5) Optimism is growing for a Greek debt deal, report Riva Froymovich, Matina Stevis and Stephen Fidler: "A top euro-zone official on Wednesday expressed optimism that a long-awaited accord with Greece could be wrapped up soon, potentially clearing the way for a new bailout and debt restructuring. Jean-Claude Juncker, the Luxembourg prime minister who heads up the euro-zone ministers' meetings, said there had been 'substantial further progress' since Tuesday in talks between Greece and its so-called troika of international official lenders--the European Union, the International Monetary Fund and the European Central Bank. After a teleconference among the ministers on Wednesday, Mr. Juncker said the lenders had received assurances of support for the austerity program that will accompany the deal from the two party leaders in Greece's ruling coalition--New Democracy leader Antonis Samaras and Socialist party chief George Papandreou--and said €325 million ($428 million) of additional budget cuts for this year had been identified, as the lenders required."

@ezraklein: Let's say you're a young person with skills and an EU citizenship. Why would you stay in Greece even one second more?

Top op-eds

1) It's time for a new tax on the ultra-rich, writes Matt Miller: "Now, I’ve long argued that we should add a higher tax bracket for the super-rich. Not as some 'punishment for success' -- that’s always been a bogus argument -- but by way of recognizing that’s today’s extreme inequality is corrosive for our society and asking the luckiest among us to kick in something more for the common good. But I’m not a bank CEO who’s made $20 million or $30 million a year. When Jamie Dimon says a higher bracket for the ultra-rich makes sense, Washington needs to take notice. It’s always been absurd to lump together the dentist or real estate agent who makes $300,000 with the CEO who earns $30 million or the hedge fund king who earns $300 million...If we applied a 50 percent marginal rate to earnings above $10 million (this is my idea - Dimon didn’t suggest a new top rate in that interview, and I couldn’t reach him by deadline), it would affect about 8,000 families and raise roughly $40 billion a year."

2) GSE reform must be part of a housing fix, write Alan Boyce, Glenn Hubbard and Chris Mayer: "President Barack Obama has highlighted the importance of helping millions of homeowners refinance their mortgages to support the recovery...We believe it’s important to focus on the GSEs, since their inaction is directly tied to the slow housing recovery...Immediate reforms are necessary to make sure the GSEs live up to their mandates and to achieve the crucial goals of phasing out the GSEs and returning private capital and competition to the housing finance system...Widespread refinancing alone won’t magically fix the housing market or lead to a full recovery. Combined with GSE reform, however, it will very likely begin the process of a more market-oriented future for housing finance and allow the Fed’s accommodative monetary policy to help the economy. Failure to act will most likely perpetuate the status quo -- at great cost to homeowners, taxpayers and the economy."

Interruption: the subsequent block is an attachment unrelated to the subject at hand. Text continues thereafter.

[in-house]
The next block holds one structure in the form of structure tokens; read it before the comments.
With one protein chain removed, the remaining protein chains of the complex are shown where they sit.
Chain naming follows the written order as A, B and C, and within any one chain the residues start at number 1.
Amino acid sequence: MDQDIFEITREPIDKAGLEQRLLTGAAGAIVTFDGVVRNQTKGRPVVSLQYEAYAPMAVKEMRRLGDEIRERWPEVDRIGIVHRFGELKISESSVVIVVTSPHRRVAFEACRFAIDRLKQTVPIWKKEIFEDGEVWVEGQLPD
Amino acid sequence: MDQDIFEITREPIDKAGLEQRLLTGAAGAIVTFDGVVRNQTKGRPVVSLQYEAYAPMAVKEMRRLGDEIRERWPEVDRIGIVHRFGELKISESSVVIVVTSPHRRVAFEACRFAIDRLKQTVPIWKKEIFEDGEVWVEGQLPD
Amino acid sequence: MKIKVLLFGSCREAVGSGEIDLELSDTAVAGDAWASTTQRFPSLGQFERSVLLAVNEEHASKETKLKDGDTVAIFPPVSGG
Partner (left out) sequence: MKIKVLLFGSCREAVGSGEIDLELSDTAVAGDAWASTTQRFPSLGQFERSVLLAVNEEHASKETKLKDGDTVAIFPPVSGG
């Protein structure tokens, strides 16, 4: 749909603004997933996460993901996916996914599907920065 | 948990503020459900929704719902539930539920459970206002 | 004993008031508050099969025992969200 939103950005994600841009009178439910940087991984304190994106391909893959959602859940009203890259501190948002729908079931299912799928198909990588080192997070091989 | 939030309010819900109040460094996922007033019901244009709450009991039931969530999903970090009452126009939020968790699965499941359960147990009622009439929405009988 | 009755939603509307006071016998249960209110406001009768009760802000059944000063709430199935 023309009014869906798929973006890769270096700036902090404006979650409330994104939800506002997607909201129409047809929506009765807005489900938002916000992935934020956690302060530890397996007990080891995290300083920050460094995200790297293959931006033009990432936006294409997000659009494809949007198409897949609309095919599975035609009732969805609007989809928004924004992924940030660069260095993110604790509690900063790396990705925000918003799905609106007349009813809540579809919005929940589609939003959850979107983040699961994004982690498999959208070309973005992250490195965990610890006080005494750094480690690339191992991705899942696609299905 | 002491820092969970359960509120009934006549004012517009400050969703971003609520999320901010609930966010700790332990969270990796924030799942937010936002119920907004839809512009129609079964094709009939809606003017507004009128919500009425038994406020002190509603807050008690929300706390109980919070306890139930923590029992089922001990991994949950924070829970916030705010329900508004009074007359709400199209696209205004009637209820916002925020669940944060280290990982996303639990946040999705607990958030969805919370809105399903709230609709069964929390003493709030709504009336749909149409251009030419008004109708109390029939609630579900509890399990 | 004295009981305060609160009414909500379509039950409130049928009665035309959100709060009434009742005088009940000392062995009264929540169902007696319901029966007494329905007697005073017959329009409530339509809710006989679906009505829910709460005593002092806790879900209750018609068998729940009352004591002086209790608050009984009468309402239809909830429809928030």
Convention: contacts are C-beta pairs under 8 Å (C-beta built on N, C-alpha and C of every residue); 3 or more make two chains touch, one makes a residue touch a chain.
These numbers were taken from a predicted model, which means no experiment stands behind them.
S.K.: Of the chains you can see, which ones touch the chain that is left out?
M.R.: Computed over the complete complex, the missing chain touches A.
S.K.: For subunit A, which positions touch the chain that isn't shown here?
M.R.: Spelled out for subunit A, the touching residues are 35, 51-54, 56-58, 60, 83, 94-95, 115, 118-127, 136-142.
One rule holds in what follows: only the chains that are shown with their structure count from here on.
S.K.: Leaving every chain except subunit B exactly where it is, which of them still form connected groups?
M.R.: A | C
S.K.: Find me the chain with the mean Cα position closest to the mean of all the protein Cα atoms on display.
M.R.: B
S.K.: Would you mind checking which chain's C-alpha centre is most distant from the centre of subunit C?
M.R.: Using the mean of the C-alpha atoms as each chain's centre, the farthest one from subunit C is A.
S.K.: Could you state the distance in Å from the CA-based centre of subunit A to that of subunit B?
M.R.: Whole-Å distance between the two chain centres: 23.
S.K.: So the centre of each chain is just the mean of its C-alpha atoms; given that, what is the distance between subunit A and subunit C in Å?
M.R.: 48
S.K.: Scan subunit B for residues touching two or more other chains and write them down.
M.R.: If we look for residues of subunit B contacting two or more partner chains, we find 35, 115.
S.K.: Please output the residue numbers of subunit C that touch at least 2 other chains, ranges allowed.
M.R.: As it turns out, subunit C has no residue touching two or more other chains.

3) The rush into finance highlights the failure of elite liberal arts education, writes Ezra Klein: "No high school senior gets her acceptance letter from Harvard and begins thinking about the exciting life she will lead constructing credit derivatives. But that’s where many students end up. Even after the financial crisis. Even after the bailout of Wall Street. Even after the dominant cultural metaphor for Goldman Sachs became a money- sucking vampire squid...For many kids, college represents an end goal. Once you get into a good college, you’ve made it, and everyone stops worrying about you. You’re encouraged to take classes in subjects like English literature and history and political science, all of which are fine and interesting, but none of which leave you with marketable skills. After a few years of study, you suddenly find it’s late in your junior year, or early in your senior year, and you have no skills pointing to the obvious next step. What Wall Street figured out is that colleges are producing a large number of very smart, completely confused graduates."

4) A local education experiment offers a new model for school reform, writes Nicholas Kristof: "The breakthrough experiment in New Haven offers a glimpse of an education future that is less rancorous. It’s a tribute to the savvy of Randi Weingarten, the president of the American Federation of Teachers and as shrewd a union leader as any I’ve seen. She realized that the unions were alienating their allies, and she is trying to change the narrative. New Haven may be home to Yale University, but this is a gritty, low-income school district in which four out of five kids qualify for free or reduced-price lunches. Eighty-four percent of students are black or Hispanic, and graduation rates have been low. A couple of years ago, the school district reached a revolutionary contract with teachers. Pay and benefits would rise, but teachers would embrace reform -- including sacrificing job security. With a stronger evaluation system, tenure no longer mattered and weak teachers could be pushed out."